What is severance pay?
In Ontario's (ESA), is not the same thing as , which is also called . Severance pay is another payment that some people get when they lose their jobs.
You can find out more about termination pay in other questions including:
Who gets severance pay
You get severance pay only if you've worked at least 5 years for your employer and:
- your employer pays of at least $2.5 million a year, or
- at least 50 people will be losing their jobs within a 6-month period because the business is being cut back.
The rules about severance pay are very complicated.
The Ministry of Labour has an online Severance Entitlement Tool you can use to figure out if you get severance pay.
Losing the right to severance pay
You won't get severance pay if your employer is closing down their business because it was affected so badly by a strike that they can't continue.
There are other reasons that you can lose your right to severance pay. For example, this could happen if your employer offers you another job and you don't accept it.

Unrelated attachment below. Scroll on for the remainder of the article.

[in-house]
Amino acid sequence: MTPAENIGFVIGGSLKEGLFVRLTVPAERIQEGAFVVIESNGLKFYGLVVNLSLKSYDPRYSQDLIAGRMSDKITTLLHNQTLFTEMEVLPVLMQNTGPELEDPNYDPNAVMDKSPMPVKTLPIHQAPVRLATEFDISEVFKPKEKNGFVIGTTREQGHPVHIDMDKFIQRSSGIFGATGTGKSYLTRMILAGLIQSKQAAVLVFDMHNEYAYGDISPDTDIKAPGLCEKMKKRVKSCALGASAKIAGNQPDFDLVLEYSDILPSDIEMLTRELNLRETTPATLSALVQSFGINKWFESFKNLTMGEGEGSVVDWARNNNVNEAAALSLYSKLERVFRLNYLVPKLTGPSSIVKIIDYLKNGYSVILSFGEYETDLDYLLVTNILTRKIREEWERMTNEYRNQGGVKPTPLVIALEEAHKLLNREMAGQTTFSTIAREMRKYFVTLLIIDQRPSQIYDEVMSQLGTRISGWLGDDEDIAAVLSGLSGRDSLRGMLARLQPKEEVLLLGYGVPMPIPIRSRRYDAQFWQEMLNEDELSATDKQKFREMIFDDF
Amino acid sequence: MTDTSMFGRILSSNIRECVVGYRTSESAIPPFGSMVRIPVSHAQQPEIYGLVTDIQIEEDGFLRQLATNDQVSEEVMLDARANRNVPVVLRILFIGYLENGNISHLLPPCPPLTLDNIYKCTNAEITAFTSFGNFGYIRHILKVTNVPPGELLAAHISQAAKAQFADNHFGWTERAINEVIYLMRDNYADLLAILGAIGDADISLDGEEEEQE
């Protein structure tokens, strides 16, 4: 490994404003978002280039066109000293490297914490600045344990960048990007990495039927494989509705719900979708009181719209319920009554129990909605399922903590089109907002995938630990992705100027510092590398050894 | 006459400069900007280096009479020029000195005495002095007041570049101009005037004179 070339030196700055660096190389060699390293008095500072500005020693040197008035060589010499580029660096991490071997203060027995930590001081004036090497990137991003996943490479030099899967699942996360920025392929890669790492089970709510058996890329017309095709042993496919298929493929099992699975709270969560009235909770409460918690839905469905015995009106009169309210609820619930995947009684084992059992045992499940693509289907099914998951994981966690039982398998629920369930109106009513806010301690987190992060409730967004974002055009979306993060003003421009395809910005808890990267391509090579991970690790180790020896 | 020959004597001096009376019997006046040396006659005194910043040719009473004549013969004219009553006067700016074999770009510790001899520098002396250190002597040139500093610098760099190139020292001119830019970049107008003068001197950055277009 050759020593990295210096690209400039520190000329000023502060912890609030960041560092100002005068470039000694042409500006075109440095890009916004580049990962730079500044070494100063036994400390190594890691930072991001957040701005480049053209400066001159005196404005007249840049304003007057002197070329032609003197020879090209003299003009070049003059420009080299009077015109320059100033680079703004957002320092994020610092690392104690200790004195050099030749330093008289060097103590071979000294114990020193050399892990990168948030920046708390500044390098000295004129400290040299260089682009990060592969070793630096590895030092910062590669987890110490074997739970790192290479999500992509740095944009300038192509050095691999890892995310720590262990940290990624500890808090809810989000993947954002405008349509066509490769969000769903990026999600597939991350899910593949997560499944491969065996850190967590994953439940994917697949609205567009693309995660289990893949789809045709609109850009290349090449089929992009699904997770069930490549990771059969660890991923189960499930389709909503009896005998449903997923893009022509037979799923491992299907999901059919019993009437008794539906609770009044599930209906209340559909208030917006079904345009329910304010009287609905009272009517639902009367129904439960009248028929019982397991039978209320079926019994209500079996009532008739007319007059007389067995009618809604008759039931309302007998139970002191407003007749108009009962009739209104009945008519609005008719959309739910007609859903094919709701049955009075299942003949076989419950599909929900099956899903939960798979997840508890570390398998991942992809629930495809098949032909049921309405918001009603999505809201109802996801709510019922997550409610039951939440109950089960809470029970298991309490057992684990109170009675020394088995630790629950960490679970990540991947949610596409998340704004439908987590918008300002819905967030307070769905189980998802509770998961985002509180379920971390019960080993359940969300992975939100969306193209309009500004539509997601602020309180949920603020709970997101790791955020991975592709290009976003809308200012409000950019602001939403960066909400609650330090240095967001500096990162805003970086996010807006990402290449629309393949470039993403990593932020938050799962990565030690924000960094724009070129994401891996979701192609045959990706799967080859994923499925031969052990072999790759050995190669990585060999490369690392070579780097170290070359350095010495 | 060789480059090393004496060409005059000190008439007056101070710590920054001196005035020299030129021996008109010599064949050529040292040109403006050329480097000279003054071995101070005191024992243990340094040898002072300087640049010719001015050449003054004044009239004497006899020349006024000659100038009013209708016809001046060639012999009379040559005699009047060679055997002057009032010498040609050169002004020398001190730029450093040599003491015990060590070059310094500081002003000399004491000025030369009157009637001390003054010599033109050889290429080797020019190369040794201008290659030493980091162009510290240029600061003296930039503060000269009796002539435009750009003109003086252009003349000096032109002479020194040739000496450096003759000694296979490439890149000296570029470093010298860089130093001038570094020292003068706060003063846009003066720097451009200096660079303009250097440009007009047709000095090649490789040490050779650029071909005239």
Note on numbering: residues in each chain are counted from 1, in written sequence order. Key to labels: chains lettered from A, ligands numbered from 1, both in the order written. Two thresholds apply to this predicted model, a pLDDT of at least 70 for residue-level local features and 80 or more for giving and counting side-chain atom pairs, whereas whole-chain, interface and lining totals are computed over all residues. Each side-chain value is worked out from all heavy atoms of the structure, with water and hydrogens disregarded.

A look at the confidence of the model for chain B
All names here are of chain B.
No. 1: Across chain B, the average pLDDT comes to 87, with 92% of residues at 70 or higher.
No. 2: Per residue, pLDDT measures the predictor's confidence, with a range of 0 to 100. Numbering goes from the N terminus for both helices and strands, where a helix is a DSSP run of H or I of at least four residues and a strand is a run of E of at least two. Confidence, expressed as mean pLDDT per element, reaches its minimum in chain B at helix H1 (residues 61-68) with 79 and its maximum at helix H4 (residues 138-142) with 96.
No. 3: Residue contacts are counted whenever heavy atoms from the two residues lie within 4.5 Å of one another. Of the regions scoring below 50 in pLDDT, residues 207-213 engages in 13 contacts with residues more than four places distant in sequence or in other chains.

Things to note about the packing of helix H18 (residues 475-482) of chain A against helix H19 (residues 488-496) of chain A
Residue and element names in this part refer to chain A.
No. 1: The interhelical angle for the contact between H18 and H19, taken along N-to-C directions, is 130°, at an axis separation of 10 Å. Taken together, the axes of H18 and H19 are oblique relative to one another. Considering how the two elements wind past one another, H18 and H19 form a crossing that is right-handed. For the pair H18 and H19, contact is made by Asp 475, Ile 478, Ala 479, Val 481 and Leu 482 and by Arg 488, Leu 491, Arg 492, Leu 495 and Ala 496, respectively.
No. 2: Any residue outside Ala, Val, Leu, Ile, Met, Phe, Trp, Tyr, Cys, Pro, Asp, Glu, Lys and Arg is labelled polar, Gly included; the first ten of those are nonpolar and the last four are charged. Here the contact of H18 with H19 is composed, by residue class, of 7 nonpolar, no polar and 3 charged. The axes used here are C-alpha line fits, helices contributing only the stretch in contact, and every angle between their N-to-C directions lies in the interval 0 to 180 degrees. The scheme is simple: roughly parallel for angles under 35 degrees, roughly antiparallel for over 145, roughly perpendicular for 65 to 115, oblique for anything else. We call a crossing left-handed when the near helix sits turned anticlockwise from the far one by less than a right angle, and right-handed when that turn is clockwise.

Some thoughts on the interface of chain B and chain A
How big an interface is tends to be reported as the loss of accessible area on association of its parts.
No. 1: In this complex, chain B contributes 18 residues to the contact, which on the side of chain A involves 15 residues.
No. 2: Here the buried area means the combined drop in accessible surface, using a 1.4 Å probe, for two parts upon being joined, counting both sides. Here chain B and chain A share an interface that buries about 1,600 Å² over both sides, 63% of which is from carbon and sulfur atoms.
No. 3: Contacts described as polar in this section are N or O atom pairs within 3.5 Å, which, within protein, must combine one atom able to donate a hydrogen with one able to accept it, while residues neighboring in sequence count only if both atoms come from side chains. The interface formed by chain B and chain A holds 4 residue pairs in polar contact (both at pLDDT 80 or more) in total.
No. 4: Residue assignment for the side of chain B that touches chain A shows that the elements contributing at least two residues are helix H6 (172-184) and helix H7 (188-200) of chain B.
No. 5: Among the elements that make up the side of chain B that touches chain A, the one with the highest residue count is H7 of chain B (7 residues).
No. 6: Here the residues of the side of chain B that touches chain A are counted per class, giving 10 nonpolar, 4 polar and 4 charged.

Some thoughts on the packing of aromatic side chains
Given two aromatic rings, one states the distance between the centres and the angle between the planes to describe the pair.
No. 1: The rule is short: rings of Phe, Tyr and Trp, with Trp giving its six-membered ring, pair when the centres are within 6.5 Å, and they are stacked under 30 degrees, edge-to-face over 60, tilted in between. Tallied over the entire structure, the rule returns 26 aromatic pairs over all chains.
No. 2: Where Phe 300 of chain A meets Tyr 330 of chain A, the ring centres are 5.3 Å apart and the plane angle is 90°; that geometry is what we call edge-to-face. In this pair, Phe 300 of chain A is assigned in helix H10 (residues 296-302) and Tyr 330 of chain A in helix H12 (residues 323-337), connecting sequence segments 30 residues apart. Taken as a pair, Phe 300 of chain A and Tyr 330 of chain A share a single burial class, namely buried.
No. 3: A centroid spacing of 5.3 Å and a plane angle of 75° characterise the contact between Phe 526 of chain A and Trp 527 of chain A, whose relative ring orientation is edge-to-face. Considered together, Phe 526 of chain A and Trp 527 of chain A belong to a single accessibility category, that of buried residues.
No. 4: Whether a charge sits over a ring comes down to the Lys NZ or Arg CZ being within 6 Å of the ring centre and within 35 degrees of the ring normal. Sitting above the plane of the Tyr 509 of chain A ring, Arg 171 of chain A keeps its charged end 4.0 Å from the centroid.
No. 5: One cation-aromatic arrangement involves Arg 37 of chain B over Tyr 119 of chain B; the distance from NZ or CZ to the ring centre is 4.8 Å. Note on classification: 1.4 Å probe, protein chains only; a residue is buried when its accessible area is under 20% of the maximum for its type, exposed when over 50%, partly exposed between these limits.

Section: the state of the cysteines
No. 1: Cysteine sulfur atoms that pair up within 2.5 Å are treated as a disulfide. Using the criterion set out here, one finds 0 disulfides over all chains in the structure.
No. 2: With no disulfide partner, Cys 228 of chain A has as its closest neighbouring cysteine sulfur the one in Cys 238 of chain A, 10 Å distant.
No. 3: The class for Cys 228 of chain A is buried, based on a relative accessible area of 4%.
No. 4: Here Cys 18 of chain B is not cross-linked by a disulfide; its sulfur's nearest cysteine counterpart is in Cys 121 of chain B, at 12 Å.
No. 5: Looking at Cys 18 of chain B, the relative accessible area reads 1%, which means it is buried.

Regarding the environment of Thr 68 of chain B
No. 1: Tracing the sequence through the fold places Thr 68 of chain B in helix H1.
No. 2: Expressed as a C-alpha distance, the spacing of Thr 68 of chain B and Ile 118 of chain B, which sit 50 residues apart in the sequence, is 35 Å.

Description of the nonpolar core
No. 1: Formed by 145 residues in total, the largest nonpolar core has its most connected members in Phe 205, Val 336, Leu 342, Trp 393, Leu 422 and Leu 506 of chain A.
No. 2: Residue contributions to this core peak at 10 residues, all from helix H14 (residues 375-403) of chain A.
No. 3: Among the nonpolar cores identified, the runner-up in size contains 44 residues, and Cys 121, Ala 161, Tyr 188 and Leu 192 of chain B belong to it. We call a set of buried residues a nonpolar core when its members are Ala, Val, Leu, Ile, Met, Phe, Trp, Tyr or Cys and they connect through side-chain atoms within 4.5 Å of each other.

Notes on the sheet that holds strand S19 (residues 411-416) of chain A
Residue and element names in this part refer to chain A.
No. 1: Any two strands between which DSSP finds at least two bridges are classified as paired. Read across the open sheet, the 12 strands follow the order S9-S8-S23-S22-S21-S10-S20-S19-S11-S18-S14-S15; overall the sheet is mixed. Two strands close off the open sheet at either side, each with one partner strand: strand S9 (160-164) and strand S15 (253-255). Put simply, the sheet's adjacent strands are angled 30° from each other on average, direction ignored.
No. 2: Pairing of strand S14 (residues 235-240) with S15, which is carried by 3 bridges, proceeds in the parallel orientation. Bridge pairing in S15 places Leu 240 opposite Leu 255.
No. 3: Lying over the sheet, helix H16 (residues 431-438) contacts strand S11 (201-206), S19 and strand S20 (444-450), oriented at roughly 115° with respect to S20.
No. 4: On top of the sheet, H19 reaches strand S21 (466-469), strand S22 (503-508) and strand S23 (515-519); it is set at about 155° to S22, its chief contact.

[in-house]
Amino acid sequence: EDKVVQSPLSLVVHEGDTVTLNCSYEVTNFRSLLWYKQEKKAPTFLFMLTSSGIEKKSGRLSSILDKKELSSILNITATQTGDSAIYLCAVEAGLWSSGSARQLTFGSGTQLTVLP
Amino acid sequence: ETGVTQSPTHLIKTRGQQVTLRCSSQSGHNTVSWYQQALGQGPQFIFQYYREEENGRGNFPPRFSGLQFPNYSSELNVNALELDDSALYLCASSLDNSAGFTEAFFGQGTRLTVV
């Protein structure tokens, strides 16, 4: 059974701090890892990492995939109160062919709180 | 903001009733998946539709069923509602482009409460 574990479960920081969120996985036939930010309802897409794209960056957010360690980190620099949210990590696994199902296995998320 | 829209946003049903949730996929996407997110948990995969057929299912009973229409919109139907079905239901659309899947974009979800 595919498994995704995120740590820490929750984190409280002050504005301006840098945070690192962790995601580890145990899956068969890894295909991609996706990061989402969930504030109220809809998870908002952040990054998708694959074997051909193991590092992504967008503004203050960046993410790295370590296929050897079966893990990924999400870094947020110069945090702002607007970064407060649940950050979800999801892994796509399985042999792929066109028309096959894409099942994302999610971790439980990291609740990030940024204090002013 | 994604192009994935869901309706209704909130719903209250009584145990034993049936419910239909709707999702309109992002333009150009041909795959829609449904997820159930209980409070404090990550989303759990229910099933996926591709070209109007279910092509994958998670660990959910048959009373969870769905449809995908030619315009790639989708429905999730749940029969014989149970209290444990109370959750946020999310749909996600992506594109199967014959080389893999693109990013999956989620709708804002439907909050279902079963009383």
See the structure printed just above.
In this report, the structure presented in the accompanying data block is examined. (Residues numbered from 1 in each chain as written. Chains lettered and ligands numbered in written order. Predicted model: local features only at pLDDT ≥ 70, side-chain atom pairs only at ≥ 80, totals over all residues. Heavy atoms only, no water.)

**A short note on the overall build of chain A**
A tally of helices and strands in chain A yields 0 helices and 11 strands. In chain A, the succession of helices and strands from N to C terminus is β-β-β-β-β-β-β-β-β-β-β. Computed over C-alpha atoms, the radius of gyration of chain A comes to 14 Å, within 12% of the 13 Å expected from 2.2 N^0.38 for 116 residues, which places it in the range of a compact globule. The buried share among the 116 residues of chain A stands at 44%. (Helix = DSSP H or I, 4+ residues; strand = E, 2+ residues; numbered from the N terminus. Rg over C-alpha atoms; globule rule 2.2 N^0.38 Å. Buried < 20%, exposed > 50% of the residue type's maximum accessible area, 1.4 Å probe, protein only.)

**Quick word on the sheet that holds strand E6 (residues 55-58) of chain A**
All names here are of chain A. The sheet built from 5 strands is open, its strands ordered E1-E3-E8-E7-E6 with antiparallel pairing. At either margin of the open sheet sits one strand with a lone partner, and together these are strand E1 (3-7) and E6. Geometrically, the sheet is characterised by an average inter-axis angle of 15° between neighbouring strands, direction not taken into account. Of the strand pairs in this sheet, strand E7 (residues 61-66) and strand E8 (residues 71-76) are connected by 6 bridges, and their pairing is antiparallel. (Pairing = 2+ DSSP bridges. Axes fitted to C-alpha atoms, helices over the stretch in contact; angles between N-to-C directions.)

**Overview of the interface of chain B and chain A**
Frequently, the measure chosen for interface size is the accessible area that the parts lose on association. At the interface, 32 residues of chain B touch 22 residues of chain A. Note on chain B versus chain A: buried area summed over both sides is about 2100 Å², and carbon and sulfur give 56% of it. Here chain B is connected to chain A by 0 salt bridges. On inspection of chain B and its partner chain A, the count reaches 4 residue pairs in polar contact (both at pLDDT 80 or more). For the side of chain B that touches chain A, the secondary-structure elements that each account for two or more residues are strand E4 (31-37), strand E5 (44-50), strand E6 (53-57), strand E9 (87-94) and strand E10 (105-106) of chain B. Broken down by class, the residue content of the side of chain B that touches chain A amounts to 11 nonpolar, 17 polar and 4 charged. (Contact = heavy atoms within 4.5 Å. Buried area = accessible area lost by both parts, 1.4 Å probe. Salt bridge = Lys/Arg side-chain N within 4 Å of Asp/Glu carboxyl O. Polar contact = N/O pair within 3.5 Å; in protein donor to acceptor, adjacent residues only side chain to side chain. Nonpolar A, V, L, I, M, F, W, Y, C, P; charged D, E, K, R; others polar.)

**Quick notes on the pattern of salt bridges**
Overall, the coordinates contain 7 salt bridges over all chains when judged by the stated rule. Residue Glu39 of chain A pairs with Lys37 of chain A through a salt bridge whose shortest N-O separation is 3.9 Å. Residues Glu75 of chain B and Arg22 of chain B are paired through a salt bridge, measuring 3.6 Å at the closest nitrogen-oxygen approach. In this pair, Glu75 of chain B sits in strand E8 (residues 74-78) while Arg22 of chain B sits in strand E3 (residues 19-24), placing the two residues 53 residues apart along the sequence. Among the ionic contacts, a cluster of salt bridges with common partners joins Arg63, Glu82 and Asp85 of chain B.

How much is severance pay
The basic rule is that severance pay is one week's pay for each year you've worked for your employer. But the most you can get is 26 weeks.
The Ministry of Labour has an online Severance Pay Calculator you can use to figure out how much severance pay you get.
When and how you get severance pay
The ESA says that if your employer owes you severance pay, they have to pay you by the later of these two dates:
- 7 days after your job ends
- your next regular payday
Or, your employer can give you severance pay in smaller payments or installments, if:
- you agree in writing, or
- they apply to the Director of Employment Standards at the Ministry of Labour and the Director approves it.
Your employer has to give you all of your severance pay within 3 years. If they're paying in installments and miss a payment, they have to pay you the rest of the severance pay right away.
If your employer doesn't follow these rules, you can make a claim to the Ministry of Labour.